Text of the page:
Uncle Jesse tells Viagra jokes and bestiality jokes. Other scenes include all manner of sexual jabs and double entendres referencing, among other things, clothing fetishes, homosexual attraction, incest and masturbation. There's an ongoing gag about how Bo is in love with his car and wants to have sex with it. For laughs, the camera zooms in on visual miscues to make you think Uncle Jesse and Daisy have a "thing" going on. (Outtakes that run during the closing credits contain even more foul content.)

Violent Content

Gentlemen, start yer engines and load up yer shotguns. Lengthy chases always ended in painful pileups on TV, but here the ante is upped in every way imaginable. Cars go faster and fly higher on the jumps. Guns are fired more often. And there's no way everyone walks away alive. One spectacularly irresponsible sequence has Uncle Jesse turning jars of moonshine into Molotov cocktails and tossing them at police cars, which burst into flames, explode and tumble off the road.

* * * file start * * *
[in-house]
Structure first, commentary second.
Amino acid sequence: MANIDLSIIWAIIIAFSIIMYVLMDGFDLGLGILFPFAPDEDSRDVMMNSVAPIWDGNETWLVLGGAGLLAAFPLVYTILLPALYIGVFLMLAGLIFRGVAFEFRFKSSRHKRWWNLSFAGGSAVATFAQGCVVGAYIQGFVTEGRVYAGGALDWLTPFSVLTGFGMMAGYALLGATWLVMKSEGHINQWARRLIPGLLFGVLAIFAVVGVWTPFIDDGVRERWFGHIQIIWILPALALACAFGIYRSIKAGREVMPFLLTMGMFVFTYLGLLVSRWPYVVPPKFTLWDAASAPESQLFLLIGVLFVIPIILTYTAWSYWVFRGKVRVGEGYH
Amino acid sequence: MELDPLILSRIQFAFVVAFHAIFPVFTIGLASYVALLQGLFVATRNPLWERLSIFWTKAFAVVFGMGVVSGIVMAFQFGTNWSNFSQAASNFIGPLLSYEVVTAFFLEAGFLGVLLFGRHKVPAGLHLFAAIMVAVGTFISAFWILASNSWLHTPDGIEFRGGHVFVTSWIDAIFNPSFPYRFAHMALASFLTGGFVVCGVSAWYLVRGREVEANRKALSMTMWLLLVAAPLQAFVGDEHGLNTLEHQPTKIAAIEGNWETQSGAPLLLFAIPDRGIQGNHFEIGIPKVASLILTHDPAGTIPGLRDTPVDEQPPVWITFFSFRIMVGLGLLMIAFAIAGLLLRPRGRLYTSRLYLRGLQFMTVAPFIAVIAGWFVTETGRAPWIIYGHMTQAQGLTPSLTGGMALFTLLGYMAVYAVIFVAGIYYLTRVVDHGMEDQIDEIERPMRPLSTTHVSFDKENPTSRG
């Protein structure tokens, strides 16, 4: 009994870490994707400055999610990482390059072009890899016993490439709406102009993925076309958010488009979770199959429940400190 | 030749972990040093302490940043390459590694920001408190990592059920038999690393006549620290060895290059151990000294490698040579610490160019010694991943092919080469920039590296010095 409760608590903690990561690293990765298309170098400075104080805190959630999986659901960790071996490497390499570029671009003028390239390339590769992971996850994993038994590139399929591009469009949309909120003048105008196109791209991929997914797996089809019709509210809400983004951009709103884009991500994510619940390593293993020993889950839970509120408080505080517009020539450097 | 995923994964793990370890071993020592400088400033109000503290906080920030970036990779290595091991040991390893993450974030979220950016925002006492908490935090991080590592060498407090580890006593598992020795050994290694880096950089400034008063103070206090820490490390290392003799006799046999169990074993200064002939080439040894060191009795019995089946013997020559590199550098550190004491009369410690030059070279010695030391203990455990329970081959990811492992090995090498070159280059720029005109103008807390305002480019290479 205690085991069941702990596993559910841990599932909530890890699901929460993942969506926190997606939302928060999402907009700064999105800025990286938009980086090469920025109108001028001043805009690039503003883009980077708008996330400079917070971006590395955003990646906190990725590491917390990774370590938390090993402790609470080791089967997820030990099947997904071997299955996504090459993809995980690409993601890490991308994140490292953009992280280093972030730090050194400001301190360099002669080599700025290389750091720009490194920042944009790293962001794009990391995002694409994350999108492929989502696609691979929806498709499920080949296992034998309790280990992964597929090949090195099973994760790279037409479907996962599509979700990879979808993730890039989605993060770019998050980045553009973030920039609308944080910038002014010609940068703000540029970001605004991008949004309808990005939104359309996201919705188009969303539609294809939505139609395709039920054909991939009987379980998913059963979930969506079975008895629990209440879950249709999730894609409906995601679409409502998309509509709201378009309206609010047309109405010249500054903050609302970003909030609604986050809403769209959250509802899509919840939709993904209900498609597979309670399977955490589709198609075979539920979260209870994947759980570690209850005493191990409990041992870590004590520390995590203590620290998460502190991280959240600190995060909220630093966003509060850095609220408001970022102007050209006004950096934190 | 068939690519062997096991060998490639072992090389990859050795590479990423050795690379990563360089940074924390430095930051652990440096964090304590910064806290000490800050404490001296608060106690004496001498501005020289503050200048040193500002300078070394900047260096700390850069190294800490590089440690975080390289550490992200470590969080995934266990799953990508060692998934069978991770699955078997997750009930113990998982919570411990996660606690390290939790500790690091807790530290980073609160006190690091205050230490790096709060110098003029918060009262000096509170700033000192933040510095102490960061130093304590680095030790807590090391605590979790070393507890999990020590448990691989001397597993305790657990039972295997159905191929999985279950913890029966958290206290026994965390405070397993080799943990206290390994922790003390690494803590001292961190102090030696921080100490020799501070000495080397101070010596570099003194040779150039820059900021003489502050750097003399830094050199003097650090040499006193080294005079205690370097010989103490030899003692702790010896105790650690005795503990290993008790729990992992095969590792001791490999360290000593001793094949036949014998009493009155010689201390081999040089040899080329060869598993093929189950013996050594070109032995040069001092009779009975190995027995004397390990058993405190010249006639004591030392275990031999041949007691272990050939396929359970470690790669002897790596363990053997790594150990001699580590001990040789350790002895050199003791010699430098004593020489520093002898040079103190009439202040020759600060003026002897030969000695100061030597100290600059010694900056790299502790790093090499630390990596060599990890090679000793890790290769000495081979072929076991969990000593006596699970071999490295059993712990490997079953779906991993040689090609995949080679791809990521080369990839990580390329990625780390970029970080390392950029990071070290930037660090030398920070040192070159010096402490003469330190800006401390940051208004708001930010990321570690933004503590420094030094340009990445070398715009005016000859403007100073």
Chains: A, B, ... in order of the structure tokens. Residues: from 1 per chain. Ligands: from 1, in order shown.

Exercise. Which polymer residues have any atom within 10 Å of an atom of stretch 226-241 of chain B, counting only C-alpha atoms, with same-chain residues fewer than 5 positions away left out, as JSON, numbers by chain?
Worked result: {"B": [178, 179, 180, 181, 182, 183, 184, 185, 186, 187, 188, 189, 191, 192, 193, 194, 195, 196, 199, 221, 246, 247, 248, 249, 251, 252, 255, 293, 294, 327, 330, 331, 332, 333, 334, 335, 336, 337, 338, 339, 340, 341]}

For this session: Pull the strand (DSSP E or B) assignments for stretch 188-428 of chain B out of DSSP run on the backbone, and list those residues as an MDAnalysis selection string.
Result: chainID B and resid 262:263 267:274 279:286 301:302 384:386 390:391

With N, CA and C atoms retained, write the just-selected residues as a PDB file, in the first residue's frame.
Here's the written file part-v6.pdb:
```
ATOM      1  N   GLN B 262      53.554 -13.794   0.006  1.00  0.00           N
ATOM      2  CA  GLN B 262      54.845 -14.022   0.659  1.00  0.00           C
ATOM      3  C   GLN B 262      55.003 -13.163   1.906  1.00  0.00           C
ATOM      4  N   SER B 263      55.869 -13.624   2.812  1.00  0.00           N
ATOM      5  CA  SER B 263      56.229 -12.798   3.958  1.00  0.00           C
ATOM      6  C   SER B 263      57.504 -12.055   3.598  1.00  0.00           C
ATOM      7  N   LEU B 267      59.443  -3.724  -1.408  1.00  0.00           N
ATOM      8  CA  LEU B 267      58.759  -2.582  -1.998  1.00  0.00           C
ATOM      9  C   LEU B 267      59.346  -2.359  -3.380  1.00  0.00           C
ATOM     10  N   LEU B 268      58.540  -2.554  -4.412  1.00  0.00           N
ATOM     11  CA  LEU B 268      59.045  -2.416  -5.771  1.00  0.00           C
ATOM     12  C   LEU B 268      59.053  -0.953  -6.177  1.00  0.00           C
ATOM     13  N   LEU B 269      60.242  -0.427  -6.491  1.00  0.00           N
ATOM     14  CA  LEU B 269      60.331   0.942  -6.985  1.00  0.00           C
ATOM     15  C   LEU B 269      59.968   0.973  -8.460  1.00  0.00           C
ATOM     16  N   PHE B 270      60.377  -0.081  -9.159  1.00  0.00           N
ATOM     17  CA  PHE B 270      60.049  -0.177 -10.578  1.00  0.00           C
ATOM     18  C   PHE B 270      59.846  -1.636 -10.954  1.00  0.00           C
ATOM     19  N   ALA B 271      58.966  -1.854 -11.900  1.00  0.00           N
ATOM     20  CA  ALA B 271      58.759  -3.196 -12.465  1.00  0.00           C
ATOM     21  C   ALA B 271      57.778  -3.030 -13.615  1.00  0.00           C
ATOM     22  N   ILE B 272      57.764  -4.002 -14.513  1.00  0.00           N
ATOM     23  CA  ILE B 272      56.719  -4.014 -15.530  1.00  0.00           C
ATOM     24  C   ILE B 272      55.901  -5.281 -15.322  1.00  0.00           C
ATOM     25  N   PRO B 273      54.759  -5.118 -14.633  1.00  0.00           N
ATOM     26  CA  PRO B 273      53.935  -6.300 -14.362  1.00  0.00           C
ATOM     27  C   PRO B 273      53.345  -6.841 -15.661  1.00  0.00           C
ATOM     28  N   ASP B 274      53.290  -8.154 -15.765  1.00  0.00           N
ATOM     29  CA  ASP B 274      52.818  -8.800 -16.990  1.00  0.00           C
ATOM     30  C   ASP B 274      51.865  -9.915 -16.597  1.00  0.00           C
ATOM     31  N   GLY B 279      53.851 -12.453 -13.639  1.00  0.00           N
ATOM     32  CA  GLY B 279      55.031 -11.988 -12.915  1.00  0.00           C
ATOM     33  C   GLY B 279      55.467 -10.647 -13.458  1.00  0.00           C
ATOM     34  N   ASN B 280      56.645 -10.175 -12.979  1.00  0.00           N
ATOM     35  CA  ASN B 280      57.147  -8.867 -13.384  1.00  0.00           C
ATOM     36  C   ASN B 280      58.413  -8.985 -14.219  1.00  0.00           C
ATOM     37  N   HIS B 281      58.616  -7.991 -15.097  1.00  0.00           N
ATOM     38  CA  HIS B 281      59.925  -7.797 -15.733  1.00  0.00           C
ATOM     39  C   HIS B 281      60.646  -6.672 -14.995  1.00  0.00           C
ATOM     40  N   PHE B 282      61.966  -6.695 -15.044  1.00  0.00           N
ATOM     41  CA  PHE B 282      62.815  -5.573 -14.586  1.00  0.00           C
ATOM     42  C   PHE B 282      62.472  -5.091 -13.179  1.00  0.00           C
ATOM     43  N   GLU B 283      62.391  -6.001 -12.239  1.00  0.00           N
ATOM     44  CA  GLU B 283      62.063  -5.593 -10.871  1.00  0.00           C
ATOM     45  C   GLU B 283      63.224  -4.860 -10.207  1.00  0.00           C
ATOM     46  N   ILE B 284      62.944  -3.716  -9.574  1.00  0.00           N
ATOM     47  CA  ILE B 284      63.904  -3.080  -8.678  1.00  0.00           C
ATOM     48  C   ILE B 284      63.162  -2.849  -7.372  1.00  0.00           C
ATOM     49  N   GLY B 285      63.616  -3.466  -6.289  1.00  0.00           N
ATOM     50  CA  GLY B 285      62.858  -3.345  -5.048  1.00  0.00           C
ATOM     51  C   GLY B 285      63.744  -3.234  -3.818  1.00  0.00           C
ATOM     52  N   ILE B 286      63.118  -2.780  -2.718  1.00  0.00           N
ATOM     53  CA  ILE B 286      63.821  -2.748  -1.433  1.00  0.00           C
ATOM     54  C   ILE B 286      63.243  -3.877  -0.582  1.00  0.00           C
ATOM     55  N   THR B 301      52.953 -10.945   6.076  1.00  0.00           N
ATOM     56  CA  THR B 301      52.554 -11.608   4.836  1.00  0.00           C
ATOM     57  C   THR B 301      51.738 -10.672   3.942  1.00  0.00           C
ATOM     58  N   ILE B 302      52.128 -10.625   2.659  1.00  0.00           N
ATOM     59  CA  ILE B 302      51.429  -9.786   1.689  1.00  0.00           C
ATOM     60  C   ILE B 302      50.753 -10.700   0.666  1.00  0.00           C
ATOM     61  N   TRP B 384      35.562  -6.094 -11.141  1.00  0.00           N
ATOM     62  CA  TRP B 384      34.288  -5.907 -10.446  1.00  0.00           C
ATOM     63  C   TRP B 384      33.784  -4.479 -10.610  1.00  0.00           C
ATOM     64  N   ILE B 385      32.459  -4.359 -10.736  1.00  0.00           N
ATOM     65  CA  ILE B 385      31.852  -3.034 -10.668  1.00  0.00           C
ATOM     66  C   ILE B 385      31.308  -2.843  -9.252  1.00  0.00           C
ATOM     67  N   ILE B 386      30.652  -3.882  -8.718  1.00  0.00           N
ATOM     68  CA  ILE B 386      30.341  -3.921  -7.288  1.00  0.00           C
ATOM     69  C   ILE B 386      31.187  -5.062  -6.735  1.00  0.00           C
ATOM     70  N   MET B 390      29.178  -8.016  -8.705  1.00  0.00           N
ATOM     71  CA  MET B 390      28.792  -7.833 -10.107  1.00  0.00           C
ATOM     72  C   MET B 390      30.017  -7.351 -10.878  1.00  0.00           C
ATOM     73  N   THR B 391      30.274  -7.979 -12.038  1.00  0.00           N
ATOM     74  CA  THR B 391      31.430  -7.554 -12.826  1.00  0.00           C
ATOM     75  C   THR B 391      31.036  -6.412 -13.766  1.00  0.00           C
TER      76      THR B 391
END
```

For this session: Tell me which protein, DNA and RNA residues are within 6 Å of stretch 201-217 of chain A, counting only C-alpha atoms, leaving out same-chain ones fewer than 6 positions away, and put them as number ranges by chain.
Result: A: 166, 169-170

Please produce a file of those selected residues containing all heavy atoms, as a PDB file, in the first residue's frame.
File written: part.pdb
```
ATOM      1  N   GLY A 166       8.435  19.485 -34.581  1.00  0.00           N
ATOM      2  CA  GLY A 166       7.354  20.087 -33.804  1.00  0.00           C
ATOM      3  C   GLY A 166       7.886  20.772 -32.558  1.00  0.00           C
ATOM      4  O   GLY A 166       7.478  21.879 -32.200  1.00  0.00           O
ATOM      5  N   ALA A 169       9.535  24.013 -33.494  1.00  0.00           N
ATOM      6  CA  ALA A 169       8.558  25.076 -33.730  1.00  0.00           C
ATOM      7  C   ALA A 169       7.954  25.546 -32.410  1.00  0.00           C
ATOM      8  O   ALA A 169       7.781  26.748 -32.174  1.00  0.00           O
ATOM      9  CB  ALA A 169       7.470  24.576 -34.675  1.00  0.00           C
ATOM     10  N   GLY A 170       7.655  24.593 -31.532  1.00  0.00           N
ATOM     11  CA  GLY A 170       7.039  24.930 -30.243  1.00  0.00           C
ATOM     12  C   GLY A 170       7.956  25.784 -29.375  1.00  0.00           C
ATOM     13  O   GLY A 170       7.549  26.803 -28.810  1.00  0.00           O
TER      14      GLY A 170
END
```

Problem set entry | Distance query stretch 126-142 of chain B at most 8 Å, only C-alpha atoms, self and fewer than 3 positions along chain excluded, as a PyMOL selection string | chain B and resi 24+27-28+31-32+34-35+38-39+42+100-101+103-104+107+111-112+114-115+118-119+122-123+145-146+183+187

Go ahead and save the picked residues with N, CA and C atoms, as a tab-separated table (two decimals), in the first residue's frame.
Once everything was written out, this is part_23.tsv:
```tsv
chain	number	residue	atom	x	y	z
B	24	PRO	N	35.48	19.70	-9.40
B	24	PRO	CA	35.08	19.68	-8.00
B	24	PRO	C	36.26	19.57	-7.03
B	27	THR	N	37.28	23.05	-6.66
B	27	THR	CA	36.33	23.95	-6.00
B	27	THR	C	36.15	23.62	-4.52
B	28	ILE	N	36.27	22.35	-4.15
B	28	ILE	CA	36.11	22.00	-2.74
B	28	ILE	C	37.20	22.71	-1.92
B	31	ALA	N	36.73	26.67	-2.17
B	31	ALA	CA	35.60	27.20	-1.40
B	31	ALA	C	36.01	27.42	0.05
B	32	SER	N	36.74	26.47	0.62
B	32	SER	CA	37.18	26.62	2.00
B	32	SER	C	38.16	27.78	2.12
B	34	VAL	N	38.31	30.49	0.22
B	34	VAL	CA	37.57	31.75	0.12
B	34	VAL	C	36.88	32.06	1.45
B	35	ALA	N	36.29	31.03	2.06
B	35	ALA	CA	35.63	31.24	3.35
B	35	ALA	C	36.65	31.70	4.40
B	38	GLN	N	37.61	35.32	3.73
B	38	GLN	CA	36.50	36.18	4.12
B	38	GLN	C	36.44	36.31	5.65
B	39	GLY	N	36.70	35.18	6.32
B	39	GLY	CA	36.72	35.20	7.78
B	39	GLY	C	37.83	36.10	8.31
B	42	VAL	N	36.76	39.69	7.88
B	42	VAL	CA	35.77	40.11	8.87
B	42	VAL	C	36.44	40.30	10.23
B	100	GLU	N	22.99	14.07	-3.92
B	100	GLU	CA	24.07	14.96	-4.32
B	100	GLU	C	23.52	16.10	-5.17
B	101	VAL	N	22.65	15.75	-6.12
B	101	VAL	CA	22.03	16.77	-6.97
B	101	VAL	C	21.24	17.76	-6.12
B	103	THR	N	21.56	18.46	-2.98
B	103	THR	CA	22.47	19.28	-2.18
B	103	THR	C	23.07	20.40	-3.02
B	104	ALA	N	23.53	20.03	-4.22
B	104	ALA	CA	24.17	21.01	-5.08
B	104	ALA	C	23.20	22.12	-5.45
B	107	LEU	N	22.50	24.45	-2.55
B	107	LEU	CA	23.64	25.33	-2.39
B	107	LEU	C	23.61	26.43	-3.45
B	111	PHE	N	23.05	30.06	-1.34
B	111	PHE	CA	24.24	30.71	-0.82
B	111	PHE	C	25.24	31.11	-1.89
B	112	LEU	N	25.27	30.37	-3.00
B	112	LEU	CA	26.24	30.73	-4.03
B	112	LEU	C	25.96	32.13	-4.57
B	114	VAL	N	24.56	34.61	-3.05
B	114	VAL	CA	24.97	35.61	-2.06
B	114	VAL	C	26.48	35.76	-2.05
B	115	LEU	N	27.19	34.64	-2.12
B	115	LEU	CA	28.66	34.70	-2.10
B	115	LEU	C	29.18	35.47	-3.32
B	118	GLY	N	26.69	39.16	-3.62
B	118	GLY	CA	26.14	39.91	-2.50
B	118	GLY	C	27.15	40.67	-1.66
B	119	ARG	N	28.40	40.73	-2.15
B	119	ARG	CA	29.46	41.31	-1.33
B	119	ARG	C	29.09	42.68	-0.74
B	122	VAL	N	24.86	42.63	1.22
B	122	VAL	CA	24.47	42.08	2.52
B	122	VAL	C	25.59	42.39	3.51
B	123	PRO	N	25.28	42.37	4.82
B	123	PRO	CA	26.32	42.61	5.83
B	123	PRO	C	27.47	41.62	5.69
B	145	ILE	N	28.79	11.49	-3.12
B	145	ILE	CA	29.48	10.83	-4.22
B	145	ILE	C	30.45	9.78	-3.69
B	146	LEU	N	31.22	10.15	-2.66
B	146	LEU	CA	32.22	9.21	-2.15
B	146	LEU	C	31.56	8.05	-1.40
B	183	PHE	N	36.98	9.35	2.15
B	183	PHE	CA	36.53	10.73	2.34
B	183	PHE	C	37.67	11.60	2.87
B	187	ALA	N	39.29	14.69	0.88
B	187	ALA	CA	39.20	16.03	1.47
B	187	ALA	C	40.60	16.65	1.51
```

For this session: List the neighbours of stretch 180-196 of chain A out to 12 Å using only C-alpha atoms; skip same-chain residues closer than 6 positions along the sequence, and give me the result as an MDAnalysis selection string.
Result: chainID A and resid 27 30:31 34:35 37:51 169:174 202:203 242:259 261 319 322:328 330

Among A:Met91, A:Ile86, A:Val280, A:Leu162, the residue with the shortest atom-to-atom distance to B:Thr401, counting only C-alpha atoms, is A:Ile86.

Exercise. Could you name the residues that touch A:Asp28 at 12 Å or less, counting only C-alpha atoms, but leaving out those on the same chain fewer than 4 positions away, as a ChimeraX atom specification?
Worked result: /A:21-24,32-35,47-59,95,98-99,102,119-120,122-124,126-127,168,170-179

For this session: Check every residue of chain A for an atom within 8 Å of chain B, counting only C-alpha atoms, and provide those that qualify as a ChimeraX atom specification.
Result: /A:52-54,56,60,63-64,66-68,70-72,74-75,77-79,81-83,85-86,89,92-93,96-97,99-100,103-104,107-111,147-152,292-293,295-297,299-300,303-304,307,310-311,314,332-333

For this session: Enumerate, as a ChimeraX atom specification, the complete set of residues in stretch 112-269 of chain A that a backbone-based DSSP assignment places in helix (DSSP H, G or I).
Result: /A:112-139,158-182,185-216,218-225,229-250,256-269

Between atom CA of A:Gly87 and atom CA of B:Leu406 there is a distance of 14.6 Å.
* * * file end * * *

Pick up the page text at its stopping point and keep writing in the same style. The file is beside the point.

Johnny Knoxville is more Jacka-- star than Luke Duke when he clings to a careening steel safe towed by Bo's speeding truck. Plastic explosives later shred the safe. (Luke ignites the "bomb" with a flaming arrow; a toy/weapon used at other times in the movie as well.) Luke and Bo have a "guy thing" going in which whoever wins impromptu bets gets to hit the loser in the face—hard—with a phone book. Daisy kicks the man who slaps her backside, and puts her foot on his throat. A bar brawl sees lots of physical injury and property damage. (Daisy utilizes a big fan to sling pool balls at people, hitting faces, crotches, etc.) Bo lights a gas torch in the college lab and scorches Luke's coat with it. Boss Hogg pays money to see a man get decked. Later, Uncle Jesse clocks Hogg.